Small Business Password Report

On World Password Day, the Australian Cyber Security Centre and Cyber Wardens have teamed up to remind small business owners everywhere to lock your digital doors, and create strong passphrases which keep cyber criminals out.

Passwords and passphrases are the first line of defence in keeping your business safe. If cyber criminals crack your password, they’ve got the keys to your business. They can steal your hard-earned cash, redirect invoices to their own bank account, access your confidential information or commit fraud by pretending to be you.

With so much at stake, it would be easy to assume that everyone knows and practices good password hygiene. But new research shows Australian small businesses have a long way to go to ensure their passwords are as safe as they could be.

A survey of more than 2000 small business owners and their employees shows that one in two has basic password vulnerabilities:

  • Only 54% of businesses are consistently not sharing passwords
  • Consistent use of Multi-Factor Authentication (MFA) where a second step of verification is required to access accounts only happens 53% of the time
  •  One in 5 never use a password manager or are unsure.

Password processes matter

The research shows that how your team manages passwords is very important. We need good processes to make sure everyone is cyber-safe, but in-person workers and casual workers need extra support to follow best practise.  Here’s why.

> In-person workers and password management

The temptation to share passwords on post-its, or just shout them to the cubicle next door is one in-person workers may struggle with. The survey also found that in-person working can create increased cyber risk around password security.


> Casual workers and password management

The research shows we might be tempted to skip steps and share logins amongst casual team members because they are only using multi-factor logins 42% of the time compared to 56% of the time for full-time employees.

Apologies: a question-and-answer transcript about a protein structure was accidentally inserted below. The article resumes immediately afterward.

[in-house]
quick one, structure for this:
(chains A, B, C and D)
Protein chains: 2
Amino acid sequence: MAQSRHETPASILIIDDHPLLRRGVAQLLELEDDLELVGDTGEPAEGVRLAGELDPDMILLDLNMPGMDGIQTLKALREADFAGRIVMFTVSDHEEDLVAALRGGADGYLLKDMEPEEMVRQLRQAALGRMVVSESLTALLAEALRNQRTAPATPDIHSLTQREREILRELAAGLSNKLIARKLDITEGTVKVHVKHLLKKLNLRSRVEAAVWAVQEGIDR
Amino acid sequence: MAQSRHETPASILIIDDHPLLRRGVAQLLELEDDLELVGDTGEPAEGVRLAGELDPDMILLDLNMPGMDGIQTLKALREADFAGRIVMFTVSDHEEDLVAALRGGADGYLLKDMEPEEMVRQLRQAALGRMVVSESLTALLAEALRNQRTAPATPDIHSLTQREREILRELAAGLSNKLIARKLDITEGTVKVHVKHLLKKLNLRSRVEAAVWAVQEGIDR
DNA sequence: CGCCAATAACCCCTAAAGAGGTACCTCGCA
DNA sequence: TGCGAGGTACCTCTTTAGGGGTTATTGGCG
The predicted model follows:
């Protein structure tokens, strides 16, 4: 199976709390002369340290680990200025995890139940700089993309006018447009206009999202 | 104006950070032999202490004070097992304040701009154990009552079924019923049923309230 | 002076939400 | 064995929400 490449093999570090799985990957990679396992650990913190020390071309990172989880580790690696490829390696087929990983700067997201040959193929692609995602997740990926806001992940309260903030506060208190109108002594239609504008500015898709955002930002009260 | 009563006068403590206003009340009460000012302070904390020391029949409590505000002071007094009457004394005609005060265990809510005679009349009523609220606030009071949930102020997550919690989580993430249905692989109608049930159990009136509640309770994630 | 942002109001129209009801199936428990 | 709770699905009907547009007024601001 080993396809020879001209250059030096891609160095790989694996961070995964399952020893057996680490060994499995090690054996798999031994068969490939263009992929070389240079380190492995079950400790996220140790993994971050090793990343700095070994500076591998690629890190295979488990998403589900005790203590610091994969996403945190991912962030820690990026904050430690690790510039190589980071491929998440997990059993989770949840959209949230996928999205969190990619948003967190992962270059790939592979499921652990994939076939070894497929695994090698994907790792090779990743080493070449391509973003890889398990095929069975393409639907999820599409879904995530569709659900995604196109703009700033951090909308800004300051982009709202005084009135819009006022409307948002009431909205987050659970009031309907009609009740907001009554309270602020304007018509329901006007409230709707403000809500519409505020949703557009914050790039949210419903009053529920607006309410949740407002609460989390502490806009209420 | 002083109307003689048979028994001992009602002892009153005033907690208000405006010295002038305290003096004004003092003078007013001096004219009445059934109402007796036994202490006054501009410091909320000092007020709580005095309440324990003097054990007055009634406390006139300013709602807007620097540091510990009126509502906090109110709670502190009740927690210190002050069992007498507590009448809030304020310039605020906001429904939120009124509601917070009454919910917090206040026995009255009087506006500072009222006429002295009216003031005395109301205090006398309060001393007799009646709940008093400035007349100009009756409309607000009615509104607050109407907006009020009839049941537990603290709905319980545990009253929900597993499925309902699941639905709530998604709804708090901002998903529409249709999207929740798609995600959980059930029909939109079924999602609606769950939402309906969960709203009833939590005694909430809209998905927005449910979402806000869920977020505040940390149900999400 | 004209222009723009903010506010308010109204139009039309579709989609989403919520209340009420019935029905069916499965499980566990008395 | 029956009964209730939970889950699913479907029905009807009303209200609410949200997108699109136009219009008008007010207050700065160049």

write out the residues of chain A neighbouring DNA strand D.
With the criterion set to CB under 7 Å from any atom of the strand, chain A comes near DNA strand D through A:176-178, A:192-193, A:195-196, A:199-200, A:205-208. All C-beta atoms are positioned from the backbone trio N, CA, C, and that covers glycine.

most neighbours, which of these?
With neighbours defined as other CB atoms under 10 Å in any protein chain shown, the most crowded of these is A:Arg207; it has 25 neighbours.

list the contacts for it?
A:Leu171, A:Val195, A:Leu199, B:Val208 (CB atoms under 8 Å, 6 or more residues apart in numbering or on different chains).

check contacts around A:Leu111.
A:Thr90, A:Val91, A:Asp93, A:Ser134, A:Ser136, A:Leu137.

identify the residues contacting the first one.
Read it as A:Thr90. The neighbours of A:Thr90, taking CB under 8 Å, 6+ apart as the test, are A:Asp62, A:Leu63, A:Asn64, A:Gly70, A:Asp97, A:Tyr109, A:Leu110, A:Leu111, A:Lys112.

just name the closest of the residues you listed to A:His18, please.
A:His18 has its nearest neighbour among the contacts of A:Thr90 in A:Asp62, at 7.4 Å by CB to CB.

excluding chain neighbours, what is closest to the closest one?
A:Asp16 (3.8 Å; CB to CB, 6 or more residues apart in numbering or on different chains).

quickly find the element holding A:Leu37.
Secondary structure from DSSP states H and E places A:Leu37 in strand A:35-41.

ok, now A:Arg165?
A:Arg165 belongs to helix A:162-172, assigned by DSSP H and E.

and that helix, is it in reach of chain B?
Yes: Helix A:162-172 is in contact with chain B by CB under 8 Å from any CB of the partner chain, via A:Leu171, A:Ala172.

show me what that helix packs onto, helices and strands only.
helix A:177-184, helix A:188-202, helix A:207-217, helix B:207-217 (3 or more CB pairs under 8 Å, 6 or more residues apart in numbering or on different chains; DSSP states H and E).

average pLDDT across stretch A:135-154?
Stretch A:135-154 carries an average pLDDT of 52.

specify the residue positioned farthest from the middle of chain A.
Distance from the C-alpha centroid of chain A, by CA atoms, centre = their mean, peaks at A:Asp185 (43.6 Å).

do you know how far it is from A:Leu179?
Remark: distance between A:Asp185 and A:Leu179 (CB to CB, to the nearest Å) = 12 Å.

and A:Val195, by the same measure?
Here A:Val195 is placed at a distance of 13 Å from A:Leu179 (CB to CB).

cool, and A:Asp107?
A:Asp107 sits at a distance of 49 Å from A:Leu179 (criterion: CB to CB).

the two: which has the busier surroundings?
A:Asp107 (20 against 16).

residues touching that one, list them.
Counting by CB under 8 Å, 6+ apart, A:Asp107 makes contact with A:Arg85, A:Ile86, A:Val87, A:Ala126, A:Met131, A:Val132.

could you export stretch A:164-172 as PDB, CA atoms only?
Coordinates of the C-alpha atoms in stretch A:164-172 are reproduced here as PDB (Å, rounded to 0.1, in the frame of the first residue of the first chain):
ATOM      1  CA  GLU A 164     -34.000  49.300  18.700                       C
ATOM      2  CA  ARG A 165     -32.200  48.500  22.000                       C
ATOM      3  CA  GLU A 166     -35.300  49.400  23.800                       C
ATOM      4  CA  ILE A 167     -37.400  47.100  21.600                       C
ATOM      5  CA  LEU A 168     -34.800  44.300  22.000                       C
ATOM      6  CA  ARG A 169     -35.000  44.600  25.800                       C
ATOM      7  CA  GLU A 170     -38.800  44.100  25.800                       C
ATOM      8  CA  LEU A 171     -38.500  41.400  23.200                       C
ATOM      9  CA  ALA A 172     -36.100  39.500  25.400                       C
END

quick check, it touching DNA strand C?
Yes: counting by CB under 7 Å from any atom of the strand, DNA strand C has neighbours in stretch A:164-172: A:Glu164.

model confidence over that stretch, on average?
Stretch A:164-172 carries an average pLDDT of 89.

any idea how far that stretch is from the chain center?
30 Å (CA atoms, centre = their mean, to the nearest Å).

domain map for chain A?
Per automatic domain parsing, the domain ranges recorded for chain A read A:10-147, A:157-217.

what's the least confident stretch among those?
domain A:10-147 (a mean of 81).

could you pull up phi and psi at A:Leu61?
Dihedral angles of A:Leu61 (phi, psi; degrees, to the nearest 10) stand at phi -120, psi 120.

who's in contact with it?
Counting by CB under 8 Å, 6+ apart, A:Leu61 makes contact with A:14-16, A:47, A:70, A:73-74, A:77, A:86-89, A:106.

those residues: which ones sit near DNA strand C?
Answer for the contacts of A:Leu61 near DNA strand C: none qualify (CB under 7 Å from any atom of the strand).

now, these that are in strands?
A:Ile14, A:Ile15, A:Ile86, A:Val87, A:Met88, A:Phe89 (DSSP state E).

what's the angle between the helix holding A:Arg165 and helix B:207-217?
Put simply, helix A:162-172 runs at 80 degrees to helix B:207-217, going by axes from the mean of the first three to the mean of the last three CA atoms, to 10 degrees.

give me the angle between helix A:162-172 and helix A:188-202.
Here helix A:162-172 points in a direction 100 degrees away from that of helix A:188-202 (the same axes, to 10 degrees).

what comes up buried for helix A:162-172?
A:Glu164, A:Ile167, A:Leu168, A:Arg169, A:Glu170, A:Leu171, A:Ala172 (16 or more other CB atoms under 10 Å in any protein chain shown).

Setting up new passwords and logins for every casual staff member can seem time-consuming and frustrating, but we promise it’s more time-consuming to be hacked.


Improving your small business password skills

So, how can you upgrade your password skills?

1. Sharing is not caring

Don’t share passwords between programs and don’t share them between team members either.

2. Upgrade from a password to a passphrase

Update your passwords to a random combination of words called a passphrase, it’s easier to remember and tougher to crack for cybercriminals. For example, “crystal onion clay pretzel”.

3. Add a virtual deadbolt to your doors

Multi-Factor Authentication (MFA) gives you that extra layer of security like adding a deadbolt to your doors.
MFA works by adding additional safety steps to confirm it’s really you trying to get into your account. There are a few ways it can do this, but the most common is sending a one-off code to your phone or through a special app.
This extra layer helps prevent cybercriminals from accessing your business information if your password is compromised.

PRO TIP: Don’t forget, it’s important to roll out MFA for all of your team members and accounts.

4. Use a password manager

Passwords can be difficult to remember, right? Getting your team members to use a password manager takes the difficulty out of remembering multiple complex passwords and keeps them secure. Even better? Password managers can generate those hard-to-crack passwords for you.
For more information about passphrases and password managers visit
*Research conducted by 89 Degrees East on behalf of COSBOA, with 2000+ Australian small business owners and employees in November and December 2022.  

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